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Pathos is the emotional influence of the speaker on the audience. Its goal is to create a favorable emotional affection of the audience towards the objective of the speech. The overall ability to achieve pathos is eliciting emotions. There are various ways to achieve an emotional reaction in the audience. In the antiquity there was a discipline about affects, it encompassed theory of arousing feelings during the speech and drafts for the classification of feelings.
In rhetoric, the arousal of feelings is associated with style, since only a certain use of language can create emotional reactions in the audience. Thus, the achieving of pathos is inter-weaved with the use of a certain style elements, strategies, e.g., figures of speech and style of the language.
The discussion of pathos is split into two main parts. One is concerned with modern research on persuasion and social psychology, the other deals with the rhetorical aspects of pathos. A summary and overview of the state of research in relevant areas and topics is given.
The Goal – Emotional Affection/Influence
The goal of pathos is to generate emotions in the audience that are favorable for the objective of the speech. The importance of emotions in decision-making is a difficult and controversial topic. The biologist Gerhard Roth claims that the “free will” is merely an illusion and that most decisions are taken unconsciously. Yet this view is not uncontested.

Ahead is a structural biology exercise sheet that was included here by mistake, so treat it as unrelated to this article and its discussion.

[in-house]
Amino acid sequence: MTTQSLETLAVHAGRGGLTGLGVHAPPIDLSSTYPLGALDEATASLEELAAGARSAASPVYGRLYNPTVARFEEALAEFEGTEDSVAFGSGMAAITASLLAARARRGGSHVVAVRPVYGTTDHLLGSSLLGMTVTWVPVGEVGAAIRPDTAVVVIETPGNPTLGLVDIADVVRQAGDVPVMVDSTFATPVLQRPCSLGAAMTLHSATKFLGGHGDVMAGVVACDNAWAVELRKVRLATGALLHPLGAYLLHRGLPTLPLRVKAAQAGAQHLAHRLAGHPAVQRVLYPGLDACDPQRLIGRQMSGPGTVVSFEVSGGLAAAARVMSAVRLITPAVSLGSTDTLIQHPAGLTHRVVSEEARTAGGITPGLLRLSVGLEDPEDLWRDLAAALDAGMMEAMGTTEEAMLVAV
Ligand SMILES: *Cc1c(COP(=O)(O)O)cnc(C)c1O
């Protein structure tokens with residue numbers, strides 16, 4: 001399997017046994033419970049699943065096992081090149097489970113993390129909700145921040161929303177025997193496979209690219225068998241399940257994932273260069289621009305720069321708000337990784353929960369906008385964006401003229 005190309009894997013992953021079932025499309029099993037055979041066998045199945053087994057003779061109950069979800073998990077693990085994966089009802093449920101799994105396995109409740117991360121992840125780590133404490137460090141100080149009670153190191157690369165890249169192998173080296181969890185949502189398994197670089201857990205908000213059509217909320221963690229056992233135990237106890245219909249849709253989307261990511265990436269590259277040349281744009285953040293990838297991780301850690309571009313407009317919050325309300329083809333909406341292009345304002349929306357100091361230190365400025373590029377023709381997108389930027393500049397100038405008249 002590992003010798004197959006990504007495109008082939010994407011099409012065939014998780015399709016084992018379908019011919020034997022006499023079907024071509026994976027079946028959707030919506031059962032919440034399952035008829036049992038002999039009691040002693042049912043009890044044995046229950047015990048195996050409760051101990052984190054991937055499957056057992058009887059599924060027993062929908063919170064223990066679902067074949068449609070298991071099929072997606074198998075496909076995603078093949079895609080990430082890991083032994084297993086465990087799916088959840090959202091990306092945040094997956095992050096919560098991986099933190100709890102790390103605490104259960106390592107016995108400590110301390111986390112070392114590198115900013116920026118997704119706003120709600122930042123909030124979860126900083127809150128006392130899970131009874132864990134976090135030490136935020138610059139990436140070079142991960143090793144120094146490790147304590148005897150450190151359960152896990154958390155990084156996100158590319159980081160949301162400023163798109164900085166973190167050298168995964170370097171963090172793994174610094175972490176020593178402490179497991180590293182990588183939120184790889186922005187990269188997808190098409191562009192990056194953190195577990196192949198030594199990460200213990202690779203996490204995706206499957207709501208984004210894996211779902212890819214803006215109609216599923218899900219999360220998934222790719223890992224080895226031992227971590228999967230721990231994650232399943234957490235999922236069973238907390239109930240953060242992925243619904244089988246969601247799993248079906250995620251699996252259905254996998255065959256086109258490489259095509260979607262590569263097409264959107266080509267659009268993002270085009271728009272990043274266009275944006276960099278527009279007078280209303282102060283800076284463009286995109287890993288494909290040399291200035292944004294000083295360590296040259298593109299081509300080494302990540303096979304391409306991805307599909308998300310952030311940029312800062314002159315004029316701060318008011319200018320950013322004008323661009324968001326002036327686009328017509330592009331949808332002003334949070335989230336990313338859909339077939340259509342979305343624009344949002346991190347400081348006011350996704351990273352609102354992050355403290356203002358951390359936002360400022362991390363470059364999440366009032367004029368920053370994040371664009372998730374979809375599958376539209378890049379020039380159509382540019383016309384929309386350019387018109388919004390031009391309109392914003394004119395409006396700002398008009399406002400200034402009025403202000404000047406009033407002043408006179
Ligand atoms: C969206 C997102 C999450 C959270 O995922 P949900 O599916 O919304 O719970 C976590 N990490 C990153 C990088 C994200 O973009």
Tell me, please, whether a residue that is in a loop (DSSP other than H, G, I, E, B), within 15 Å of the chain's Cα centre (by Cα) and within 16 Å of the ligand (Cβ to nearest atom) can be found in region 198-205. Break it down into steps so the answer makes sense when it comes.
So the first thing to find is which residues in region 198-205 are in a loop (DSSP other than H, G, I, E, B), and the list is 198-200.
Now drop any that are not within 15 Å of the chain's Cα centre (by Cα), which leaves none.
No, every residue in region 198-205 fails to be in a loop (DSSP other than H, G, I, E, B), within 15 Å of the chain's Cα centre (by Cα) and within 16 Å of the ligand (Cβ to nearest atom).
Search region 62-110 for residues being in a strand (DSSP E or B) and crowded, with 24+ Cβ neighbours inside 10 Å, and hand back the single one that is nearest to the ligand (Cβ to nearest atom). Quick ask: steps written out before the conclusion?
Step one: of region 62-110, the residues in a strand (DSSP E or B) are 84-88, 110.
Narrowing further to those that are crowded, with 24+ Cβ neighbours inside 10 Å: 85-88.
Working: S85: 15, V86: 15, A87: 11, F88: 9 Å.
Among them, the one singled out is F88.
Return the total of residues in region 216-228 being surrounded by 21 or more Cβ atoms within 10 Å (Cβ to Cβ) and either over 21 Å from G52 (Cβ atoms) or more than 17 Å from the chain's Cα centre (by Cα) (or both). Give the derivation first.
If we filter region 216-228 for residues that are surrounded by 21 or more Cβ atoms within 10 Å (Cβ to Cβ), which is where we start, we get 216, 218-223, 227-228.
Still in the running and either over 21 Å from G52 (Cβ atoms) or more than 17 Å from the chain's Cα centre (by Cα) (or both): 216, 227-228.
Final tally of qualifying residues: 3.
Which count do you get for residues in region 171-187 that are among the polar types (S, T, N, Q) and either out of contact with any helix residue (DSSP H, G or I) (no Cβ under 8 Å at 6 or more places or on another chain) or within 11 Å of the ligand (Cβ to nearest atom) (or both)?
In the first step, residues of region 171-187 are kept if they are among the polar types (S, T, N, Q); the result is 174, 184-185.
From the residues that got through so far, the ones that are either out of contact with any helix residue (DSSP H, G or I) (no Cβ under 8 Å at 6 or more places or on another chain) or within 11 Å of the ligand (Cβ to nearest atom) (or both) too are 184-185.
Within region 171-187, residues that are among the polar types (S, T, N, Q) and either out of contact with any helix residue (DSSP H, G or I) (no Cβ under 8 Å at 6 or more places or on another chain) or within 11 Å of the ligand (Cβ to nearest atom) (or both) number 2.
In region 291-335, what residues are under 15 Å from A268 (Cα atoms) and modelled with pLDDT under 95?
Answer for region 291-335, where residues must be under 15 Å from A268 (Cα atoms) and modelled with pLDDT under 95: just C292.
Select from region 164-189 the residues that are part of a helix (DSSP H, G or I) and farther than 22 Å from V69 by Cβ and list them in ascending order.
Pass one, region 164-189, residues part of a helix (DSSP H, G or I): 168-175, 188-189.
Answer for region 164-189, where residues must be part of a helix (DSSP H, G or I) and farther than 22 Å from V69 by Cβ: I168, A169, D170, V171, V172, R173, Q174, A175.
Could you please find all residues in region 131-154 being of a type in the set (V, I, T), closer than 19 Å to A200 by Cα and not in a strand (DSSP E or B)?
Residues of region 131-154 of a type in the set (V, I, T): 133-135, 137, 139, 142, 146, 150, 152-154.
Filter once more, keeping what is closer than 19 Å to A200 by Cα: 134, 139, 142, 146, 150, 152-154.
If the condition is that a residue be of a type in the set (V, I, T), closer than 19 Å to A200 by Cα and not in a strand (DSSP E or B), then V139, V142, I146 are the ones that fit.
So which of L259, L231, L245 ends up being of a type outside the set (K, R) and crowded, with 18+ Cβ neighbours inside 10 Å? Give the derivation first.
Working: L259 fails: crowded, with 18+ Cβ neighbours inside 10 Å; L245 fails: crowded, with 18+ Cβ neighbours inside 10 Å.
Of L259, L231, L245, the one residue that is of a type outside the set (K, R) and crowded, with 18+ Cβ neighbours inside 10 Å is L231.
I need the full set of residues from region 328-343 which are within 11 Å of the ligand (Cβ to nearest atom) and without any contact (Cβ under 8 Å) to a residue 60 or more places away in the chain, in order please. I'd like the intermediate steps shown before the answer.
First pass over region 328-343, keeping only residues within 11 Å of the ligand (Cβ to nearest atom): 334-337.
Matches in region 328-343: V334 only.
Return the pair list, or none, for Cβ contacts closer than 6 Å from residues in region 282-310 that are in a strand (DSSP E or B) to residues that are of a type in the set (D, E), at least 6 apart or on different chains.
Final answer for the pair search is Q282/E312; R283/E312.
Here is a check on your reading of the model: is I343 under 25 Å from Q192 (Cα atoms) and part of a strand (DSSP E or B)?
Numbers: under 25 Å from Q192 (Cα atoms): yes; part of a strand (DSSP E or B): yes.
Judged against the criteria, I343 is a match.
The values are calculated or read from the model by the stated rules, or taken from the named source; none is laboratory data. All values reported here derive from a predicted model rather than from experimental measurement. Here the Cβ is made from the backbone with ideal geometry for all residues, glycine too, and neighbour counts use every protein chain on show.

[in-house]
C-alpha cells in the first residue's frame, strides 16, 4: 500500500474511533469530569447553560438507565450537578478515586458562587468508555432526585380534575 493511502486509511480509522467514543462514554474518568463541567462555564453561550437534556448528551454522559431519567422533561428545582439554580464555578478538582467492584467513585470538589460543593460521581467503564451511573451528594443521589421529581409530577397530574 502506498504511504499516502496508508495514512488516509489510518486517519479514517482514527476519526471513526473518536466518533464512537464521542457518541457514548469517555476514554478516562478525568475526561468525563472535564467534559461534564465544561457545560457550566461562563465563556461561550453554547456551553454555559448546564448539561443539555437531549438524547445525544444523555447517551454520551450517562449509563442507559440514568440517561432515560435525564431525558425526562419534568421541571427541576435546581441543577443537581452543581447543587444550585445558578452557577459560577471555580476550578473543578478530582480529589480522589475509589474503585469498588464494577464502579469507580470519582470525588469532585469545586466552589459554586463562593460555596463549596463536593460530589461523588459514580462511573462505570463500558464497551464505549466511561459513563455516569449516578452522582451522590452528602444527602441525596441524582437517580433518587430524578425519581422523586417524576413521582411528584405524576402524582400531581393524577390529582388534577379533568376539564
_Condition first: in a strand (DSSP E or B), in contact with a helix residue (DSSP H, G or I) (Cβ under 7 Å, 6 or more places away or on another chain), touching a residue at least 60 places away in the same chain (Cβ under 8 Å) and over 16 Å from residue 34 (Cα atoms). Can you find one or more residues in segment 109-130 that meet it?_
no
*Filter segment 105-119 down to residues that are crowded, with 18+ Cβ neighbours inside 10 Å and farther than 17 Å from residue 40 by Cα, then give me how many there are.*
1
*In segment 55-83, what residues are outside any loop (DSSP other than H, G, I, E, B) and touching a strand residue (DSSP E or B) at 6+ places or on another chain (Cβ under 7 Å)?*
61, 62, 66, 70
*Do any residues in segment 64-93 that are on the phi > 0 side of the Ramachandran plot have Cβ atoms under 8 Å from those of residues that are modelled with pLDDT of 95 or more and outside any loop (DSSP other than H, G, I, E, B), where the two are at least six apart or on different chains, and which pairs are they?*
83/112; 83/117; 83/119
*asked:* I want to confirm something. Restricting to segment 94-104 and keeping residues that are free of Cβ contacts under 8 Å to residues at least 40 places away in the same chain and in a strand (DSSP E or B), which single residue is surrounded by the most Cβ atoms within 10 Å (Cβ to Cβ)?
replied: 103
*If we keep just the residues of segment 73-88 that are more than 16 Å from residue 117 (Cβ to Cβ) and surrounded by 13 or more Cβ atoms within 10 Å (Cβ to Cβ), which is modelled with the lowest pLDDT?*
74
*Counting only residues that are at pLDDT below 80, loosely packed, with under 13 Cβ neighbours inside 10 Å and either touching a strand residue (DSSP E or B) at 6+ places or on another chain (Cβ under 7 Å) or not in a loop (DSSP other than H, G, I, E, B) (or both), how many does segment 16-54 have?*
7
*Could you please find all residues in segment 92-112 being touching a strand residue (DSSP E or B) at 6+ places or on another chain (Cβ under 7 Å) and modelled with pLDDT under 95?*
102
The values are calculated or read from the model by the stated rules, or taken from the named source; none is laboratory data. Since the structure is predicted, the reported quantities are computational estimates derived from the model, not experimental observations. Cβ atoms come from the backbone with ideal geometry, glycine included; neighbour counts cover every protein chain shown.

According to Roth, the human decision-making process is based widely on emotional and unconscious processes. The conscious mind is used merely for quite complex challenges, e.g., to assess complex situations, especially if they involve complicated time structures. Roth notes that every final decision is an emotional one, thus rationality and mind alone decide nothing. Additionally, the influence of the unconscious emotional part of the brain is not perceivable on the conscious level, thus it appears that ideas, thoughts, wishes, and plans appear out of nowhere. Since it is not endurable for the conscious mind that something appears out of nowhere, the conscious mind generates “explanations” (backwards rationalization). These rationalizations usually fit with the subjects self-perception and the expectations of the social environment.